I like to avoid writing on the same subject twice. I've always thought that if I've learned something, why repeat it and beat a dead horse? The financial world is so vast, encompassing so much of our experience, that there is only a distant limit to our possibilities.
But as our editor-in-chief Greg Kelly ironically reminded me, human nature requires repetition for most learning. We might read or hear something of interest, hear it again, and perhaps rephrase it in our minds and digest the information. Isn't that how we have been educated? Financial affairs are only different from traditional schooling in that there is no recognized time or place for people of any age or station in life to address this important area in a formal way. That's one reason why publications like Physician's Money Digest often revisit ongoing topics of interest like retirement, taxes, and investing.
While we're on the subject, I ask you rhetorically, shouldn't there actually be a part of our scheduled education devoted to learning about money life instead of a catch-as-catch-can apprenticeship? It certainly would ease some pain and probably save a lot of money. We may or may not use algebra in our lives, but no one escapes having to cope with financial affairs in its myriad aspects.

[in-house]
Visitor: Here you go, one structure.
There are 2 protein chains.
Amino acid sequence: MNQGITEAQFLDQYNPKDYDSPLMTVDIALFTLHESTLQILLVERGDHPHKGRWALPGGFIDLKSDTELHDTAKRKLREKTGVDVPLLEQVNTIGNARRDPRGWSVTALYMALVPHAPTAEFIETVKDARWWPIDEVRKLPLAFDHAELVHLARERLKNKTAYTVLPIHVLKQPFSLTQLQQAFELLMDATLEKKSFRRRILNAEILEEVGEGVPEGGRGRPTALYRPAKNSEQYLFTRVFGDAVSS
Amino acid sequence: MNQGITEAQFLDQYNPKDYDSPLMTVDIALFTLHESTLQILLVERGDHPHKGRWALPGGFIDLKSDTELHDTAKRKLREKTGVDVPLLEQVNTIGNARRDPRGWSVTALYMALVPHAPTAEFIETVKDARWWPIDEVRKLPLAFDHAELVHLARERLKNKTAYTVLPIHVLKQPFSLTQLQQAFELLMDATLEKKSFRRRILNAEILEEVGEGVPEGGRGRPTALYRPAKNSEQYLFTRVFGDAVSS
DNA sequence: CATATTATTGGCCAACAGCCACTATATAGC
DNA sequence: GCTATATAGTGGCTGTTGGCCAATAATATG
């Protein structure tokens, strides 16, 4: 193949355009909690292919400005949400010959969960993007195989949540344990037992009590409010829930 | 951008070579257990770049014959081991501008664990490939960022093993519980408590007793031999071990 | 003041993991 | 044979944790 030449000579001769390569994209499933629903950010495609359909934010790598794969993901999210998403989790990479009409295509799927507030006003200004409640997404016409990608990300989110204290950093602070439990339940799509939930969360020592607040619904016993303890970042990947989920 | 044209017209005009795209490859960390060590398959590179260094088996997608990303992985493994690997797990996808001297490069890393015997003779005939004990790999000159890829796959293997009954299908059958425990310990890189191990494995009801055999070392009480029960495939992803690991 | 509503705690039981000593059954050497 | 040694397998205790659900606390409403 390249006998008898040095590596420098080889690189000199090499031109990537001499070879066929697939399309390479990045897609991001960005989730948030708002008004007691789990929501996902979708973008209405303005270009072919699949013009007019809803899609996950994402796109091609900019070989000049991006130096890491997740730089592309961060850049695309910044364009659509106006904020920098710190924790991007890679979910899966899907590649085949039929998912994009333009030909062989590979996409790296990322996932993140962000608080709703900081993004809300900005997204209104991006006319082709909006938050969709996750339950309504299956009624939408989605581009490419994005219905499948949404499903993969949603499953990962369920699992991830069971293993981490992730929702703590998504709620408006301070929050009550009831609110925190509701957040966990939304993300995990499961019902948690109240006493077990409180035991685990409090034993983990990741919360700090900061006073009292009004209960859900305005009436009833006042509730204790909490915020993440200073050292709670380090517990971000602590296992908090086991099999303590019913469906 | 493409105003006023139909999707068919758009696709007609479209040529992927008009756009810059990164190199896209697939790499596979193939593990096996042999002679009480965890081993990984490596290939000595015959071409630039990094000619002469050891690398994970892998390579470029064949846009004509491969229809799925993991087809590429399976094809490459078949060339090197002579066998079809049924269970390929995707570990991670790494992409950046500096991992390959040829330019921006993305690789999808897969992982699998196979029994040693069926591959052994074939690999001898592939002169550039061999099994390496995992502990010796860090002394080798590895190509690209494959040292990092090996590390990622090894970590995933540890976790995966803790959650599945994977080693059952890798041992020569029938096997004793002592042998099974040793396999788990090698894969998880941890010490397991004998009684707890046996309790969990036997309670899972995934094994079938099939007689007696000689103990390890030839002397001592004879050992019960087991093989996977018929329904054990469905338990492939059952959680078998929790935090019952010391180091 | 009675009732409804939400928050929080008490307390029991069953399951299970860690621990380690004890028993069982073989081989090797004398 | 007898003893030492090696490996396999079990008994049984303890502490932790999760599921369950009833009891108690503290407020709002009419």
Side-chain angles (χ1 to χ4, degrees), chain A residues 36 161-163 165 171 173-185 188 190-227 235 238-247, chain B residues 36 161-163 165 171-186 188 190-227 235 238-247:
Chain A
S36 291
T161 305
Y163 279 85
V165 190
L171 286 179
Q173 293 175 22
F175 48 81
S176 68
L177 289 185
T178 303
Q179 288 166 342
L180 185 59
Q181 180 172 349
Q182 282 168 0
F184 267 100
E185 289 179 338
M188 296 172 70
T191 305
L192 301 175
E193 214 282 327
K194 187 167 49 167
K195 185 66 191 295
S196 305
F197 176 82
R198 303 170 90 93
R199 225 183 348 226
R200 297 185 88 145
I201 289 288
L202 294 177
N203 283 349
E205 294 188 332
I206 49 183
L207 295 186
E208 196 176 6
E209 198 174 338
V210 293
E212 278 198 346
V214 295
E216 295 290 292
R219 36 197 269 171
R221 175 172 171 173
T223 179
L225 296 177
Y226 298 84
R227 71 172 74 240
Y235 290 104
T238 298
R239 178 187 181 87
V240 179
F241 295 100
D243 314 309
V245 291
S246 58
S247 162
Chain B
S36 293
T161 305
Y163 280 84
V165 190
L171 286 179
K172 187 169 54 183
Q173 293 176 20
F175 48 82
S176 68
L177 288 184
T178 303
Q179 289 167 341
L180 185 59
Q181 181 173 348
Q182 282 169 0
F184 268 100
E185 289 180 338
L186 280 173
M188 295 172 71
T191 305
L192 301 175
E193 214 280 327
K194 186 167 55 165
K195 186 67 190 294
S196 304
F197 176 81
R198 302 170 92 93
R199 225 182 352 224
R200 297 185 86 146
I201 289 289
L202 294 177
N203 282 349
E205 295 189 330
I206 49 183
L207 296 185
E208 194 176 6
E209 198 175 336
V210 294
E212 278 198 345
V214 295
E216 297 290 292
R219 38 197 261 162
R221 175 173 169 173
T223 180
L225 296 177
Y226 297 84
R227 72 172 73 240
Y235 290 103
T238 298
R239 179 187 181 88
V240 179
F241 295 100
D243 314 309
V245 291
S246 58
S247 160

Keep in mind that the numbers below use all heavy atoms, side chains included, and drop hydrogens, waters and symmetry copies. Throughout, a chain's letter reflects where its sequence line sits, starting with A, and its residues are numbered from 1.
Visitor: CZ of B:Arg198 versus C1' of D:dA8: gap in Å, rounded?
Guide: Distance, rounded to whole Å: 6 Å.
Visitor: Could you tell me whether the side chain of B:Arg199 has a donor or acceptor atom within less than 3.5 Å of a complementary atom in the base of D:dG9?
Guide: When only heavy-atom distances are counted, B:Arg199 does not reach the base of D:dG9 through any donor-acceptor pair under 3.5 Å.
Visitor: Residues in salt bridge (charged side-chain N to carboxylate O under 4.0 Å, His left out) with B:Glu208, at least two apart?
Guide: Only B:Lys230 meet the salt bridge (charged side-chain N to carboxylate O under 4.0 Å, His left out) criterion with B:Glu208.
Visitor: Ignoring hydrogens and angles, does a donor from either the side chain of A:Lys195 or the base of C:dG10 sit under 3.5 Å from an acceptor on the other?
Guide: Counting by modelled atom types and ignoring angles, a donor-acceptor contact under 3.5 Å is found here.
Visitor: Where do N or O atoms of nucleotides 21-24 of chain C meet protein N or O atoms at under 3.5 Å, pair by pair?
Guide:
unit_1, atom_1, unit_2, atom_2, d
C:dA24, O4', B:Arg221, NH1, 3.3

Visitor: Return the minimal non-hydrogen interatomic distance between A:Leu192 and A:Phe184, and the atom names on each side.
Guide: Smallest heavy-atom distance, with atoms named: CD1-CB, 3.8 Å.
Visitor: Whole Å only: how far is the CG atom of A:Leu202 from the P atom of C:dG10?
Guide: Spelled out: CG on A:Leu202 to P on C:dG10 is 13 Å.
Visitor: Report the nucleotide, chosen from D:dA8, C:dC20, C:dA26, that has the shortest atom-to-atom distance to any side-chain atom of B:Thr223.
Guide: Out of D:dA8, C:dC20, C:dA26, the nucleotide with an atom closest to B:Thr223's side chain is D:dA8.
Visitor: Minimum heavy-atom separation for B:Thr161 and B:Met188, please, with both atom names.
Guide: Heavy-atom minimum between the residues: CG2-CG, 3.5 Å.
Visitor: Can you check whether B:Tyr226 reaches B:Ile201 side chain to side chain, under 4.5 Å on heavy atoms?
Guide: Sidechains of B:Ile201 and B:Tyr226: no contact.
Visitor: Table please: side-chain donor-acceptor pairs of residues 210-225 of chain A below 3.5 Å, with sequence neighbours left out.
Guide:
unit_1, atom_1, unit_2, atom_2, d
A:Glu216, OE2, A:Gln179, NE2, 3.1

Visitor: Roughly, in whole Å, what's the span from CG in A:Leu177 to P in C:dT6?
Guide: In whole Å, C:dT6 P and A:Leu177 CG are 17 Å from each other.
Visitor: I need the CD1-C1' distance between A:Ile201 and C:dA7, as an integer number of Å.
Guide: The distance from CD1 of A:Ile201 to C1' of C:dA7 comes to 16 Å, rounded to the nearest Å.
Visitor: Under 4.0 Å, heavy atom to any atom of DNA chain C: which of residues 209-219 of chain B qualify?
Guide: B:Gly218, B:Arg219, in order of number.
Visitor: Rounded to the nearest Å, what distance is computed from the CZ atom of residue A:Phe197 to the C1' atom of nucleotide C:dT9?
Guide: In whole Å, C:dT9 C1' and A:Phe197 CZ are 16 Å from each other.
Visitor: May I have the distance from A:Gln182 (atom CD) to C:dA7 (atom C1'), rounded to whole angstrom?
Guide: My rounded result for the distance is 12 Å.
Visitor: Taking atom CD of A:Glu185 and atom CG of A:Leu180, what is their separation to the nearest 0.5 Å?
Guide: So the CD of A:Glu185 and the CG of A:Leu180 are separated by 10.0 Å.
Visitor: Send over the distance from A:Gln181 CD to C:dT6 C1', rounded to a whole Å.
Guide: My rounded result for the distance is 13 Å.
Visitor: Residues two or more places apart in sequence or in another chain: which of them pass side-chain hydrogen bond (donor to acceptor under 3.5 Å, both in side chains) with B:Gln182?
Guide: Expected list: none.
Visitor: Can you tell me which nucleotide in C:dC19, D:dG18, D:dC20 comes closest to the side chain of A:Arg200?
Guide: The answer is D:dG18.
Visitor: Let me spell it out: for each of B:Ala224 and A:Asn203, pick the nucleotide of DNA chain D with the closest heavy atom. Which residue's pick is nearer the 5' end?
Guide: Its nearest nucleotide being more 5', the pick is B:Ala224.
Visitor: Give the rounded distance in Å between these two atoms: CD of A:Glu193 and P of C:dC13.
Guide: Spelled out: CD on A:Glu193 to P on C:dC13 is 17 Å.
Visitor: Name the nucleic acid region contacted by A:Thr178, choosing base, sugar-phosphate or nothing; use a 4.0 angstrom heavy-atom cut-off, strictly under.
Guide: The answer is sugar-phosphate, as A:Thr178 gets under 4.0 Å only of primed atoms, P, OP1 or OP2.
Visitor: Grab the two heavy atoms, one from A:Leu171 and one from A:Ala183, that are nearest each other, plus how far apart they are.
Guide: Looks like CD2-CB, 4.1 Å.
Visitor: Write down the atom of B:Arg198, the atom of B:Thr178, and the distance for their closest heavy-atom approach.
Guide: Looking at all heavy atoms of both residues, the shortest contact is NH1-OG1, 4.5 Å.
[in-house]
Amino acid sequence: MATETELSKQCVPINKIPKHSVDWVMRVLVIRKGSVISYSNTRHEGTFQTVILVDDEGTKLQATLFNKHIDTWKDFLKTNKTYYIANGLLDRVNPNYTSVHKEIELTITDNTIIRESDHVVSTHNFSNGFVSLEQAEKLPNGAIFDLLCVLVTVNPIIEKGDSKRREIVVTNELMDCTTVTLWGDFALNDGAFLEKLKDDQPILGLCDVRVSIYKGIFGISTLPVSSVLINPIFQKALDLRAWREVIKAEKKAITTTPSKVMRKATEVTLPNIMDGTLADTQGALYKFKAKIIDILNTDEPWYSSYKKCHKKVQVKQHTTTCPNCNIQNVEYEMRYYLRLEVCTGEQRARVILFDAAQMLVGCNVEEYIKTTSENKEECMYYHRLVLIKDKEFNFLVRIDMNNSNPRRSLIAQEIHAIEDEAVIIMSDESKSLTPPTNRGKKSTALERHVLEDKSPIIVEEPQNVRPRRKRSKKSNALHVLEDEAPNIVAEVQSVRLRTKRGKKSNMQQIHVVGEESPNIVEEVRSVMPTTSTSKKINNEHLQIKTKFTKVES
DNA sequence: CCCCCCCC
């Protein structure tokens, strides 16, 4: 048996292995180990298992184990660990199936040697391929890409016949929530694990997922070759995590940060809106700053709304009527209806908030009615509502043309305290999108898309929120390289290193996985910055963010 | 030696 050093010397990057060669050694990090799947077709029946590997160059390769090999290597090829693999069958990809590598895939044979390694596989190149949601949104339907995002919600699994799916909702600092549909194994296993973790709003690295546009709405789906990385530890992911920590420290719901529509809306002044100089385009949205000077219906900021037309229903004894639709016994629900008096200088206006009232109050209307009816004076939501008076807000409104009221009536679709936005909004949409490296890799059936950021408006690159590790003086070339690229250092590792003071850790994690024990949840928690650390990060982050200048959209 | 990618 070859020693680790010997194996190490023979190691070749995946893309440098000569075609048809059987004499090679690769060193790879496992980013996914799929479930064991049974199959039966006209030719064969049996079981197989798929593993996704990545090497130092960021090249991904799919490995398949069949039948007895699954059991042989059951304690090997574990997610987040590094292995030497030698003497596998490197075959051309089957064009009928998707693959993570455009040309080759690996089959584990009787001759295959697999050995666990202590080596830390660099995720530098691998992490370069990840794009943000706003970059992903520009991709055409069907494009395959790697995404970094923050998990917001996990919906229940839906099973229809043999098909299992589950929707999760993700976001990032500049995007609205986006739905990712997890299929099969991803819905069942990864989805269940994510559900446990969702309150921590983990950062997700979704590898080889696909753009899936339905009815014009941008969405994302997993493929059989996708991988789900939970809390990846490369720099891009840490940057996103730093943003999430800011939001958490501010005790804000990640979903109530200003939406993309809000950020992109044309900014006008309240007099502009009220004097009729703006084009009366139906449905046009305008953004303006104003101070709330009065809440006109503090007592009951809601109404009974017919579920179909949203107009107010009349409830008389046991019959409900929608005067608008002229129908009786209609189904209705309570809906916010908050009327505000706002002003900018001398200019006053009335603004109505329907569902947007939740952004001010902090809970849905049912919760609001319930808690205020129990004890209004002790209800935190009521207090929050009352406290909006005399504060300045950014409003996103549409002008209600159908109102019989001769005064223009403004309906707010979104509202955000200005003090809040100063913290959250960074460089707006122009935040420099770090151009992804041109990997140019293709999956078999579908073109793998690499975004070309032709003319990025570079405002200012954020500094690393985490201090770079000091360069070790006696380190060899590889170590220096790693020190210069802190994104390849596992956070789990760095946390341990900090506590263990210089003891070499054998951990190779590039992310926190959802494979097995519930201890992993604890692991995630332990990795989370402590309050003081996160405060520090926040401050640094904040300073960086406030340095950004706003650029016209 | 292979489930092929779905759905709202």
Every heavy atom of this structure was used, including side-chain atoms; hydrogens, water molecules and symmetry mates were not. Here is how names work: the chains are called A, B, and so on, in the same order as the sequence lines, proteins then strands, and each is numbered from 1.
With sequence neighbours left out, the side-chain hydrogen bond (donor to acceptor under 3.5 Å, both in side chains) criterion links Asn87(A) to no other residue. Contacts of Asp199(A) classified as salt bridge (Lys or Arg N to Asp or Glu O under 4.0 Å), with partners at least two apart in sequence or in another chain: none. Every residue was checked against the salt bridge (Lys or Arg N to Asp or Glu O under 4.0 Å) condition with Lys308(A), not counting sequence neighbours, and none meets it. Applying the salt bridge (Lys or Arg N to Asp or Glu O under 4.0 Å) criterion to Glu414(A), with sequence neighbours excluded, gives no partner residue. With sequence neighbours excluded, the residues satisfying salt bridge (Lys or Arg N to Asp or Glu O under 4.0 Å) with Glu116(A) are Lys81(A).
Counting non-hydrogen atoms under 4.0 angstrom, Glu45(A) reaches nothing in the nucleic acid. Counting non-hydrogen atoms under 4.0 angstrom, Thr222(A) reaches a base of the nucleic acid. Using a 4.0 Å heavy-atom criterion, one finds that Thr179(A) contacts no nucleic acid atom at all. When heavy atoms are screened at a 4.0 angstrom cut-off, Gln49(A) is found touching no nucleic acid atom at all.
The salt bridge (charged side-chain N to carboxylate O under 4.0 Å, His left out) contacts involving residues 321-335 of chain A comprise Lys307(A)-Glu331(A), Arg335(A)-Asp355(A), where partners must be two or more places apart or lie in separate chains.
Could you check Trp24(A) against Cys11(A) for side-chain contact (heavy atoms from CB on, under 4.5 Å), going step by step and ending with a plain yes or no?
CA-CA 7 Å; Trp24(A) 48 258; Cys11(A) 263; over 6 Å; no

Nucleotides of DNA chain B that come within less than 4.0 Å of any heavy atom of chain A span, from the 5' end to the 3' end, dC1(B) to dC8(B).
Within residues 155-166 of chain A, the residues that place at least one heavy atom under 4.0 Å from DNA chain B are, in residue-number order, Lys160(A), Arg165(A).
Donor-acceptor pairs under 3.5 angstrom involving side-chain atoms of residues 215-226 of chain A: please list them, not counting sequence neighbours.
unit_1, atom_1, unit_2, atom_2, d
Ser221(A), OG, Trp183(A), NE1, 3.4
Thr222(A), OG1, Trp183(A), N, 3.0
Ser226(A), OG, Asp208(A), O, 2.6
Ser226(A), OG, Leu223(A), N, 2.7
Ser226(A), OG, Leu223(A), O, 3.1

Think back to your first experience with income taxes, taking a loan, looking for a job, buying a house or car, etc. It's possible that you did okay, but there probably wasn't a good reason to predict success. Some of these experiences were embarrassing or expensive, which we know is another way to learn, but hopefully were not repeated.
No one would argue that this is how we should prepare young people to flourish, or simply function, in a complex financial society. Maybe money education should be like sex education, tacitly left to parents, but defaulted to the schools because we parents are unprepared and unreliable. Studies have told us what we already know: People are more uncomfortable talking about money than any other topic of their life. Look at the vast unburdening of secrets people talk about on TV and then try to think about the last time anyone told you what their income was.
Because we're less informed than we could be and emotionally uncomfortable in dealing with money issues, this potent subject is always listed as the number-one reason for divorce. Arguments usually result from a pastiche of poor communication and ignorance. The good news is that these are both preventable and even fixable. Don't give up just yet.
While I am on the soapbox for financial education, let me repeat the message that humans prefer positive exposure and repetition as an evolved technique for learning. That means everyone in the family, in an age-specific way, could participate in an ongoing, planned money education. You know your kids will learn from watching how you manage money, and your marriage can only benefit from better communication and participation in your financial situation.
I just noticed that in an attempt to explain why we need to repeat financial information for retention, I ended up keeping my fresh column subject string going and not repeating myself. How long is Andy Rooney's record?
Jeff Brown, MD, CPE, a practicing physician who is a partner on the Stanford University Graduate School of Business Alumni Consulting Team, teaches in the Stanford School of Medicine Family Practice Program. He welcomes questions or comments at firstname.lastname@example.org.